The story of the Sixty struck me profoundly this time around.  I keep reading about words from General Conference.  "Doubt your doubts before you doubt your faith."  And I keep hearing them used to argue that we should put our doubts aside because they challenge our faith.  I hear this quote in that context and it infuriates me, because it completely ignores the paragraph that preceded the quote.
It’s natural to have questions—the acorn of honest inquiry has often sprouted and matured into a great oak of understanding...even in the sometimes sandy soil of doubt and uncertainty.
The parents of the Sixty cultivated their acorns into great oaks.  They did so in sandy soil.  They didn't do it alone.  They did it with the love and support of friends and neighbors.  They did it with fellow church members who gradually helped nurse that acorn by replacing the sand with rich soil.  One shovel at a time.

Instead, I feel like we tell a lot of acorns to get out of the sand.

You can't pressure an oak tree to grow.  You can't force it to grow over night.  Growth requires time, patience, and nurturing.  It requires friendship without boundaries, without judgment, and sometimes without completely understanding someone's doubts.

The parents of the Sixty live among us.  Let's grow the forest with them.

1 When talking about the two thousand stripling warriors in Sunday school yesterday, some of the boys teased one person in the room for having once said the "two thousand stripping warriors." However, we decided that based on the picture shown, maybe his description wasn't too far off.

Wednesday, October 2, 2013

An Epidemic of Loneliness

The day I heard that the Church was going to broadcast the Priesthood Session of General Conference over the usual broadcast and internet channels, I made a quip on Facebook: "This will be the death of the only Elders Quorum activity in our ward that has any draw."  I say I quipped, but I was dead serious, too.

While scanning some blogs today, I came across a post by Rebecca at By Common Consent in which she laments the loss of one of her husband's1 favorite traditions: the Priesthood Session after party.  She then puts in this nugget, which I have observed before and completely agree with.
It’s harder than you might think to coax adult Mormon men into attending a guys’ night out; many of them feel obligated to go straight home and “spend time with their families” or whatever.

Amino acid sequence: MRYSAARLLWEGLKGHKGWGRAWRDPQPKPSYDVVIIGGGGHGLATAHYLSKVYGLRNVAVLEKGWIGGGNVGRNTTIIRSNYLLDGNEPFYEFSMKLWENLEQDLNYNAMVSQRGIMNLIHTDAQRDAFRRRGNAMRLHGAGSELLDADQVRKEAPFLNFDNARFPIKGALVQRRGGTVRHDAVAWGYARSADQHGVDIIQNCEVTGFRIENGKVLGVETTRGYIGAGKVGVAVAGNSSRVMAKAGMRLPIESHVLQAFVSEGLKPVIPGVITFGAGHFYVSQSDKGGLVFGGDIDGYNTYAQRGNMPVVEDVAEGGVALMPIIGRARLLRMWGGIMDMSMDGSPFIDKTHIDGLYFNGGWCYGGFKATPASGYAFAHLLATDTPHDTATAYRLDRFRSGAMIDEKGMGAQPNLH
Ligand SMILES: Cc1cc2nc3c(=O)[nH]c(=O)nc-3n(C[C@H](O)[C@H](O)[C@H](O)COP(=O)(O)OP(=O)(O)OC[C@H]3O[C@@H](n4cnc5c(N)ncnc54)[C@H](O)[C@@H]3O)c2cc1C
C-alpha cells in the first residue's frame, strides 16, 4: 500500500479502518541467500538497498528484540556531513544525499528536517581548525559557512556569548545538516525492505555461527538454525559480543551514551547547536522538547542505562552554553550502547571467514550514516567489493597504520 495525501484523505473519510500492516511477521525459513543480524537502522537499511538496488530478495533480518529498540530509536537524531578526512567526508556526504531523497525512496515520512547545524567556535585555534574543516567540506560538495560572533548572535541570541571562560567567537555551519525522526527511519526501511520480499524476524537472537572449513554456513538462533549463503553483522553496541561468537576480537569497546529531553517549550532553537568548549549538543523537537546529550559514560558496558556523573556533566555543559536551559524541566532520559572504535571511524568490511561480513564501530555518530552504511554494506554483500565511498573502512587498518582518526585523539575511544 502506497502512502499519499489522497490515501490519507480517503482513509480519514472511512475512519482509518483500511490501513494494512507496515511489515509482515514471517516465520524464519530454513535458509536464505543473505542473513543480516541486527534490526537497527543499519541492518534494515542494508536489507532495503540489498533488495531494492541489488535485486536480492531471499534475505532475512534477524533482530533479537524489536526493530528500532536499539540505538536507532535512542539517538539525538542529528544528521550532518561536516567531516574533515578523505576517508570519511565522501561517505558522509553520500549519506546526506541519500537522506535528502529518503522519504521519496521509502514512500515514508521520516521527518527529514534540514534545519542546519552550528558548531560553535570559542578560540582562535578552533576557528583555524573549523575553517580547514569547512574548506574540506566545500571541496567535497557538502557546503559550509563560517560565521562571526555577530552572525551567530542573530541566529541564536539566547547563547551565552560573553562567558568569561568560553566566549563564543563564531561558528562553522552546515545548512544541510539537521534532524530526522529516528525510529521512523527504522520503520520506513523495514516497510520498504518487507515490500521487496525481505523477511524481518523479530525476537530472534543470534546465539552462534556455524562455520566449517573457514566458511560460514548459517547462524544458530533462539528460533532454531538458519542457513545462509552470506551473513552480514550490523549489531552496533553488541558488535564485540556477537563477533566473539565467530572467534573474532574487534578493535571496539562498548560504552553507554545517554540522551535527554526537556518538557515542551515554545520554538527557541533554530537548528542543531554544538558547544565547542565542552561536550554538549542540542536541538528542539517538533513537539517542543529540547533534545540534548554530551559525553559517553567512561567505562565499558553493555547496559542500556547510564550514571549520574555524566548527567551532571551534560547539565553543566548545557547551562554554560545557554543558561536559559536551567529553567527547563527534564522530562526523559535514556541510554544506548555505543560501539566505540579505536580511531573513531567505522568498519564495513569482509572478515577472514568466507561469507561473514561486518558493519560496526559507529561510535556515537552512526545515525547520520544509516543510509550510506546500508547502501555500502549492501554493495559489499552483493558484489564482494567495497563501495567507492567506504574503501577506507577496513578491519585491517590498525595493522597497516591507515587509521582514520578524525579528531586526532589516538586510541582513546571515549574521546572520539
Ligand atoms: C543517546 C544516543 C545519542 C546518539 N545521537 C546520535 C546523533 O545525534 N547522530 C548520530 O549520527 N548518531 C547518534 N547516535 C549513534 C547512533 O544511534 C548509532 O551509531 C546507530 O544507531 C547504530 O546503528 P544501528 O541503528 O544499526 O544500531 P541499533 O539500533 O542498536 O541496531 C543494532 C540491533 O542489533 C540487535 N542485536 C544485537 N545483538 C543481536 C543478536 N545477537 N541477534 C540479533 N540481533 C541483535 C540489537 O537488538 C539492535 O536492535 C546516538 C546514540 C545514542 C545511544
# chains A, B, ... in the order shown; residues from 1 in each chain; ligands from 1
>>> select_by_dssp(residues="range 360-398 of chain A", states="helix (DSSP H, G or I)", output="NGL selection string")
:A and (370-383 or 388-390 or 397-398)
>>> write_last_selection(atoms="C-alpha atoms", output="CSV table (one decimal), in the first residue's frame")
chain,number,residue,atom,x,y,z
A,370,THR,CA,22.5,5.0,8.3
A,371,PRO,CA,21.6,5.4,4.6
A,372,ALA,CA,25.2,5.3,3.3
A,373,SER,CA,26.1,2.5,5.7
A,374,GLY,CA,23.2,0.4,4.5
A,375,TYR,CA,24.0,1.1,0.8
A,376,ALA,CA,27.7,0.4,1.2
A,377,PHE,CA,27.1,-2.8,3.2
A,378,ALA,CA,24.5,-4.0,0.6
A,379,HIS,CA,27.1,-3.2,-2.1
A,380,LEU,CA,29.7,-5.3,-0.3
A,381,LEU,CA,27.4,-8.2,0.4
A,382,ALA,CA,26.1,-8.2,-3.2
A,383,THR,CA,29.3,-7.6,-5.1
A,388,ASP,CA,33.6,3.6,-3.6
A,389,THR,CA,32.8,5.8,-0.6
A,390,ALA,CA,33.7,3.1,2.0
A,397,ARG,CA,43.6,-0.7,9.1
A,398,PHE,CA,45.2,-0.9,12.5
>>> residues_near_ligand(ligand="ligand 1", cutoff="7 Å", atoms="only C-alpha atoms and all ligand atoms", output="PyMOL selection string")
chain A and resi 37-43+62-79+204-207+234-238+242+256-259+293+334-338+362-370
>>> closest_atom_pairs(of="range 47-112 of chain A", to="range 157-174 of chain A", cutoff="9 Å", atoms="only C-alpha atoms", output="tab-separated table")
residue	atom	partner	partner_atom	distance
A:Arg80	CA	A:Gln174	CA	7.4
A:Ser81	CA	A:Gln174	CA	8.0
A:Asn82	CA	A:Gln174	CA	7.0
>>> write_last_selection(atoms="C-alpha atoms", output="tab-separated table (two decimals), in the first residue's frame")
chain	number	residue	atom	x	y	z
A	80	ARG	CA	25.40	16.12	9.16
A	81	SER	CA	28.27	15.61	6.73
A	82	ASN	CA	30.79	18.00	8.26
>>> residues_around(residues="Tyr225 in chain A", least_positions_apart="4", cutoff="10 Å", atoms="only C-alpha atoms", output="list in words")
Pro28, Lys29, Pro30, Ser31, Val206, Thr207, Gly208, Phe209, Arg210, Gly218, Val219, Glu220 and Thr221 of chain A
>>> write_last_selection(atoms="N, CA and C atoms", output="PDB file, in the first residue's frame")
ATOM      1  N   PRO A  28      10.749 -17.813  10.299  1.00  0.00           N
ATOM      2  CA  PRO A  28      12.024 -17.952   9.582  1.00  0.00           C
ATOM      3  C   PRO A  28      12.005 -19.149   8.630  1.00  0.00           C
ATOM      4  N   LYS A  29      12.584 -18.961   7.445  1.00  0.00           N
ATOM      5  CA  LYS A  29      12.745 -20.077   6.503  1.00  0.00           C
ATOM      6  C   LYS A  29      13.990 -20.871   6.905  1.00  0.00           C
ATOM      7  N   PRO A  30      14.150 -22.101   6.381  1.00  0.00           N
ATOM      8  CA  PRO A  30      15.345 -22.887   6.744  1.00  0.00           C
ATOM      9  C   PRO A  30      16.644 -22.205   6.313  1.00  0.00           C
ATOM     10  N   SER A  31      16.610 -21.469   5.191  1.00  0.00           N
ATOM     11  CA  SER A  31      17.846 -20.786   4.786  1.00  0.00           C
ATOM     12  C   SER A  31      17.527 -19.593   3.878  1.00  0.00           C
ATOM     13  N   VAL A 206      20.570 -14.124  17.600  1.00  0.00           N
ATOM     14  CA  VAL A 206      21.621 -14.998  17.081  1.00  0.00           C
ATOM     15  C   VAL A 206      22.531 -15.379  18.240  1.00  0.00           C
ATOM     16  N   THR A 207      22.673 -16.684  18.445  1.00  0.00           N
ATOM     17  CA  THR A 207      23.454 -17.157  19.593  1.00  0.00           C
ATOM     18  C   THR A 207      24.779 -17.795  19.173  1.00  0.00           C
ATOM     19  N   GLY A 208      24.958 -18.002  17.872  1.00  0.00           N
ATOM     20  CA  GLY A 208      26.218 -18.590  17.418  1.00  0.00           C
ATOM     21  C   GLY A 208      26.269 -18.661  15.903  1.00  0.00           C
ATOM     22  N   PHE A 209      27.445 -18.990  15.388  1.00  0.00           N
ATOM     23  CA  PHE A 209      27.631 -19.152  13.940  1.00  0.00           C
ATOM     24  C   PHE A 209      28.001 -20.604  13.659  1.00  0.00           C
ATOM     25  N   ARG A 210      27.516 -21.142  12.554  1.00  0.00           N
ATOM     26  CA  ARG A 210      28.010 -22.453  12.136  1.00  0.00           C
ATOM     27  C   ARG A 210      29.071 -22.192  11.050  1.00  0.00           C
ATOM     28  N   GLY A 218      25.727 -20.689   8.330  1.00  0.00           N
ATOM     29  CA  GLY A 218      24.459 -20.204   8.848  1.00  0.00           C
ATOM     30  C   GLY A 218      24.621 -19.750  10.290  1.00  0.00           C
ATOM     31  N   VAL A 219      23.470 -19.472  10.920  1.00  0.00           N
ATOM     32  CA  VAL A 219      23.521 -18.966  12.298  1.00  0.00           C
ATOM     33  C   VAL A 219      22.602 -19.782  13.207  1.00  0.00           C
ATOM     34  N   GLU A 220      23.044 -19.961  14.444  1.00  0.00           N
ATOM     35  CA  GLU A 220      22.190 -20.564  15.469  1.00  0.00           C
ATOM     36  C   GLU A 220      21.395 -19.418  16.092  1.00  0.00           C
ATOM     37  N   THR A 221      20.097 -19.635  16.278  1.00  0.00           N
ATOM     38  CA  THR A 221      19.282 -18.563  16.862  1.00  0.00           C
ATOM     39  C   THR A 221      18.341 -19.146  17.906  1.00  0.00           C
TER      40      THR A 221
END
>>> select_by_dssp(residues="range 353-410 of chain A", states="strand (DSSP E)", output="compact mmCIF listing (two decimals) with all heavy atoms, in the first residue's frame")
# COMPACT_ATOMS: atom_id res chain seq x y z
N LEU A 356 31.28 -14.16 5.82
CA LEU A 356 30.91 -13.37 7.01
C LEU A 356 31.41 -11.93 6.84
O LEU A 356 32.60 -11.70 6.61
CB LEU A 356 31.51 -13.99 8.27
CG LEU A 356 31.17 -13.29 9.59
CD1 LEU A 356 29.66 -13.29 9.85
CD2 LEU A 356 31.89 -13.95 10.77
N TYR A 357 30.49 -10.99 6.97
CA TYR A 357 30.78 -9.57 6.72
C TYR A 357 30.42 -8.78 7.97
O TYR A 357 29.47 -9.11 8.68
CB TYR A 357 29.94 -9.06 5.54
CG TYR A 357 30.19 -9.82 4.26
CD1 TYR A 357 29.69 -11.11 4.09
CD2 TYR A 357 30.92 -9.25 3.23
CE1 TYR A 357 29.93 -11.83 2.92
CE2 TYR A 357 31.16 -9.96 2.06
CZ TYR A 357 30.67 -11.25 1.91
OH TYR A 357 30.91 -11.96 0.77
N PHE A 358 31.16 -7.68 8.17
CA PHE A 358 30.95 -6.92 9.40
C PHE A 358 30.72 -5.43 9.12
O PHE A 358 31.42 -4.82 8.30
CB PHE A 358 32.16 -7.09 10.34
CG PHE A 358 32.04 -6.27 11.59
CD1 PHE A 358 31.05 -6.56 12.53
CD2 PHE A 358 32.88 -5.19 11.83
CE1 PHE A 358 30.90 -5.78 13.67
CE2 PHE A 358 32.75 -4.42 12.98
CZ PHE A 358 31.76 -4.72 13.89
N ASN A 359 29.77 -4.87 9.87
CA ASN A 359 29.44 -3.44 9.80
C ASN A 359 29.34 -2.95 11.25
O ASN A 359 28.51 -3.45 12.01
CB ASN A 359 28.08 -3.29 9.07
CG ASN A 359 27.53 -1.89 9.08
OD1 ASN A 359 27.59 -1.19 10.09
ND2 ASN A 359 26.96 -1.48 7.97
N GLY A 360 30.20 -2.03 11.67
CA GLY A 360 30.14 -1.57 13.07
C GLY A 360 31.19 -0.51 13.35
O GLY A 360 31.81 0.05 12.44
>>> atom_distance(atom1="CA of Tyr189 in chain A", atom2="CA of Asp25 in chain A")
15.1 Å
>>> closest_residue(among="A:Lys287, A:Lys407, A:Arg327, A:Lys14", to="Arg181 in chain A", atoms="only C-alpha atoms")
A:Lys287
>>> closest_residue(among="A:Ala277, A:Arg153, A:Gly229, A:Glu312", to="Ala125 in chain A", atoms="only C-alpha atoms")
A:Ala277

This is absolutely true.  The men in the Church almost never get together.  The only successful Elders Quorum activity in my ward2 is the ice cream social where you show up to the chapel and get an ice cream sandwich before the Priesthood Session that you were going to anyway.  But everyone is dressed in their Sunday dress and no one actually interacts on a level any less superficial than the way they interact at the usual Sunday meetings.

And now, this little tradition may be dead.

But why?  Why shouldn't the men continue to go to the chapel for Priesthood session?  Probably because "many of them feel obligated to go straight home and 'spend time with their families'."  Or whatever.

The fact of the matter is that we've developed some notion that any second a man takes away from home life that isn't absolutely necessary is a disservice to and neglect of his family.  I suspect that if the Elders Quorum planned a quorum activity once every 2-3 months (the usual frequency for Relief Society activities) and had a statement made over the pulpit that "Women are asked to babysit3 their children so that their husbands may attend"--well, I envision a pretty big uproar.  How dare we take the husbands and fathers away from their families so often?

I think a lot of that reaction is rooted in stereotype.  Men get to socialize and interact with people all day at work while women are stuck home with their kids.....blah blah blah4.  What we need to understand is that, while yes, we get to interact with other adults at work, interacting with adults at work is not equivalent to making deep, lasting bonds of friendship.